WHEN Dan McFarland arrived in Ulster just a touch over two years ago, he gathered his new troops together and instructed that the bare minimum expected would be that each man in the changing room would fight for every inch.
It quickly became the mantra for a side who had long been accused of having a soft underbelly. If the transformation was quick, the province battling their way to some notable early wins in the former Connacht man's tenure, it didn't reach its peak until last night as the side somehow booked their place in next week's PRO14 Final.
Awful since lockdown ended and error-strewn throughout a Semi-Final against Edinburgh that they entered without their captain Iain Henderson and three of their starting backs, they somehow raised themselves from the dead three times over to put themselves in a position for one last lengthy shot at the posts.
Ian Madigan, a cult figure at Bristol after coming through in just such moments, wouldn't even have been eligible for this game had coronavirus not caused such a lengthy delay to this season. Instead, he was the match-winner.
Here he was, having been with the province only a matter of months, on the pitch for only eight minutes and already having nailed a testing touchline conversion to keep hopes alive, with a chance to send Ulster through to a first Final since 2013 - against his native province no less.
The silence in the stadium - with so few in attendance - as the clock went red was complete. As the ball sailed towards the posts, Madigan leaned to his left, tongue protruding from his mouth, as if not wanting to jinx the ball in flight.
His skills coach Dan Soper was first to him, soon followed by Jack McGrath, arms pumping and screaming into the air. A split second later, he couldn't be seen for the pile of bodies that surrounded him, the whoops, the hollars, the elation echoing around the near-empty old stadium.
Soon, as everyone made for the tunnel and the sanctity of the changing room, only James Hume was left, looking around him as if it was a struggle to take it all in. He could be forgiven for needing the moment.
In the strictest terms, the endgame was straightforward enough, Madigan's penalty following a deliberate knock-on from Edinburgh's replacement Mike Willemse.
The story that those dramatic final moments failed to tell was that the first time Ulster ever looked like winning this Semi-Final was the split second when that final kick split the posts.
After a first half in which Hamish Watson, Duhan van der Merwe and Darcy Graham were superb, Edinburgh's only complaint could have been that they didn't lead by more than 5-0.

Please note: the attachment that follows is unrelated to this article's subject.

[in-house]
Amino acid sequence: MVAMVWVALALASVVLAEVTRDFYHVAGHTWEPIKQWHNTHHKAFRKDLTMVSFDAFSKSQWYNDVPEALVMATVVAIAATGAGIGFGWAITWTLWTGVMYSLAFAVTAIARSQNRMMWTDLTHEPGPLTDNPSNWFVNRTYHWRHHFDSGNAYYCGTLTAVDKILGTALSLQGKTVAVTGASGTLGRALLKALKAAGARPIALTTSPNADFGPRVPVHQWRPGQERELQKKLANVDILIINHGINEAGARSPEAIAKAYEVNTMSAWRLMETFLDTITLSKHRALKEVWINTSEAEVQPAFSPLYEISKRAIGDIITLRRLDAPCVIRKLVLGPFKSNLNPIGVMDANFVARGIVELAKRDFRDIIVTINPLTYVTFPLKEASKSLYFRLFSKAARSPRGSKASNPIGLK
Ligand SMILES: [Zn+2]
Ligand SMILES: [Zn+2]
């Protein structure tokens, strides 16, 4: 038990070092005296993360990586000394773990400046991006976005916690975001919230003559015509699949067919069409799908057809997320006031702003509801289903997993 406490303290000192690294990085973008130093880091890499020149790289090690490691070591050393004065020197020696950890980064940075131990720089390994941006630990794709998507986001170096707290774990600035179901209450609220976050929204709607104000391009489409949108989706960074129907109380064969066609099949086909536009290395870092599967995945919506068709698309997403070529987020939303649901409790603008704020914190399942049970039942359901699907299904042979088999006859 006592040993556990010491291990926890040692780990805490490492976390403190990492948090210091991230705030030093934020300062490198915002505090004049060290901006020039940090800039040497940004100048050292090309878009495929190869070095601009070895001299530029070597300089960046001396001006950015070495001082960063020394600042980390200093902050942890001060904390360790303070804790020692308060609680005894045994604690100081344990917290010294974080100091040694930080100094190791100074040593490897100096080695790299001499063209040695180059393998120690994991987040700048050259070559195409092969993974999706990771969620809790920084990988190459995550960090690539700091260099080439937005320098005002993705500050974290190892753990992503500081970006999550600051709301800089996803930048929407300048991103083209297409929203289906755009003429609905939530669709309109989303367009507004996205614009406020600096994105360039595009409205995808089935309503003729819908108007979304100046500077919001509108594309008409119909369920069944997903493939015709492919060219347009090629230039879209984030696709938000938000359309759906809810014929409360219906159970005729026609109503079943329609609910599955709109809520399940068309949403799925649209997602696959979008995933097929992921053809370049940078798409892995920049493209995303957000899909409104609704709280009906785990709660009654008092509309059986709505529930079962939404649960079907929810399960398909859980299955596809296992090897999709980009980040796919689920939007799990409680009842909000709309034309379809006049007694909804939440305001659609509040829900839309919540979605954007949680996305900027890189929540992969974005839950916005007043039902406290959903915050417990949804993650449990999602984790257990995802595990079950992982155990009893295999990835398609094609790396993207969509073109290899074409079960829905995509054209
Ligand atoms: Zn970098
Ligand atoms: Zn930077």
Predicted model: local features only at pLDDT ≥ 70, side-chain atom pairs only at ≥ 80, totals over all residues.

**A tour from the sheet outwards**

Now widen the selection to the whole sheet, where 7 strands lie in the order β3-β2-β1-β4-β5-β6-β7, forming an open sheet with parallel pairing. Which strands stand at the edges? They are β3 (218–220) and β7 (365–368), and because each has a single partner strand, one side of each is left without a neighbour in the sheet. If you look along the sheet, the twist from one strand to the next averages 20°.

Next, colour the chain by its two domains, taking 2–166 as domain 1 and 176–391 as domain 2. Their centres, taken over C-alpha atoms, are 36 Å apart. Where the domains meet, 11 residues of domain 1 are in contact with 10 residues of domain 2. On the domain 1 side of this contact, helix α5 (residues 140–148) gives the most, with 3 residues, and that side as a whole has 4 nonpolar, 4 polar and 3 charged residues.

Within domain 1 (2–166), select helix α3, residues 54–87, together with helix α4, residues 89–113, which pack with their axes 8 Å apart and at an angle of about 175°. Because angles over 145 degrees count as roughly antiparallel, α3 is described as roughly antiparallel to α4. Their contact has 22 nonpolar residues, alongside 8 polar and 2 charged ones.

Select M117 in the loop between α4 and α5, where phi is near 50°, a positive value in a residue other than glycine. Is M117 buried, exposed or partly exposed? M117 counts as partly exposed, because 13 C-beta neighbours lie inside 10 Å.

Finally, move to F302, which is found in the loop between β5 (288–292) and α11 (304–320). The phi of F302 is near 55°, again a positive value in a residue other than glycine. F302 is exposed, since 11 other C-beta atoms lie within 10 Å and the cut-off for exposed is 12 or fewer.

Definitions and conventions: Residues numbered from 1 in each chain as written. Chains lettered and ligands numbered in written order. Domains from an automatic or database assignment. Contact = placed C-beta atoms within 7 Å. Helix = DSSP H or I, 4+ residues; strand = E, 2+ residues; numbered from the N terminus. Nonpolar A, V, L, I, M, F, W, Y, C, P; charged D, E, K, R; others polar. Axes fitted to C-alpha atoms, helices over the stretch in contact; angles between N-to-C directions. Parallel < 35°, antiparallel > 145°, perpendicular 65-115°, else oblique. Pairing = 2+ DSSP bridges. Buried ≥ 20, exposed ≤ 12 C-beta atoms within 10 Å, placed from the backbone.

Ulster had plenty of opportunities to register points themselves but the familiar failings of recent weeks were all too evident.
Mistake upon mistake, error upon error, chance after chance gone begging.
When Graham made it 12-0 six minutes into the second half, the ink was wet on another season obituary. The familiar glass ceiling of a PRO14 Semi-Final once again looking like one hurdle too many for the side.
Even when Rob Lyttle, dangerous throughout in a game he may not have started if more experienced colleagues were fit, showed exceptional footwork to dance his way across the whitewash, it didn't feel like the start of a rousing fightback.
Even less so when it took Edinburgh only three minutes to hit straight back.
After being down 12 again having had to work so hard for any reward on the scoreboard, their race again seemed run.
When finally their maul made some headway and Rob Herring crashed over with 15 minutes to go, the missed conversion kept Edinburgh with a one-score buffer. In the context of the game, it felt like a mountain.
But this, perhaps we are finally safe to say, is a different Ulster.
Just as McFarland's very first game in charge of this side would see them mount a furious late comeback to beat none other than this same Edinburgh side, there was late drama left in store.
Replacement hooker John Andrew was the next one over, again from a maul, and a weapon that had seemed so blunted early on had suddenly powered Ulster back within touching distance.
In the end, the boot of Madigan did the rest, those five late points already well worth whatever it took to bring him in this summer.
The celebrations that rang out into the Edinburgh night can't last too long - there is the small matter of serial winners Leinster in an Aviva Stadium Final come Saturday evening.
Nobody remembers Semi-Final winners, Billy Burns reminded. This, though, was no Semi-Final to forget.
EDINBURGH: B Kinghorn; D Graham, M Bennett, C Dean; D van der Merwe; J van der Walt, N Groom; R Sutherland, S McInally (Capt), WP Nel; B Toolis, G Gilchrist; M Bradbury, H Watson, V Mata.
Replacements: M Willemse (for McInally, 68), P Schoeman (for Sutherland, 51), S Berghan (for WP Nel, 46), A Davidson (forToolis, 68), J Ritchie (for Mata, 63), C Shiel, N Chamberlain, G Taylor (for Dean, 59)
ULSTER: J Stockdale, L Ludik, J Hume, S McCloskey, R Lyttle, B Burns (Capt), J Cooney; E O'Sullivan, R Herring, T O'Toole, A O'Connor, S Carter, Matthew Rea, J Murphy, M Coetzee.
Replacements: J Andrew (for Herring, 69) , J McGrath (for O'Sullivan, 51), M Moore (for O'Toole, 51), K Treadwell (for Carter, 49), S Reidy (for Murphy, 48), A Mathewson (for Cooney, 40), I Madigan (for Burns, 69), M Lowry (for Ludik, 40)
REFEREE: Frank Murphy (IRFU)
Man of the Match: Rob Lyttle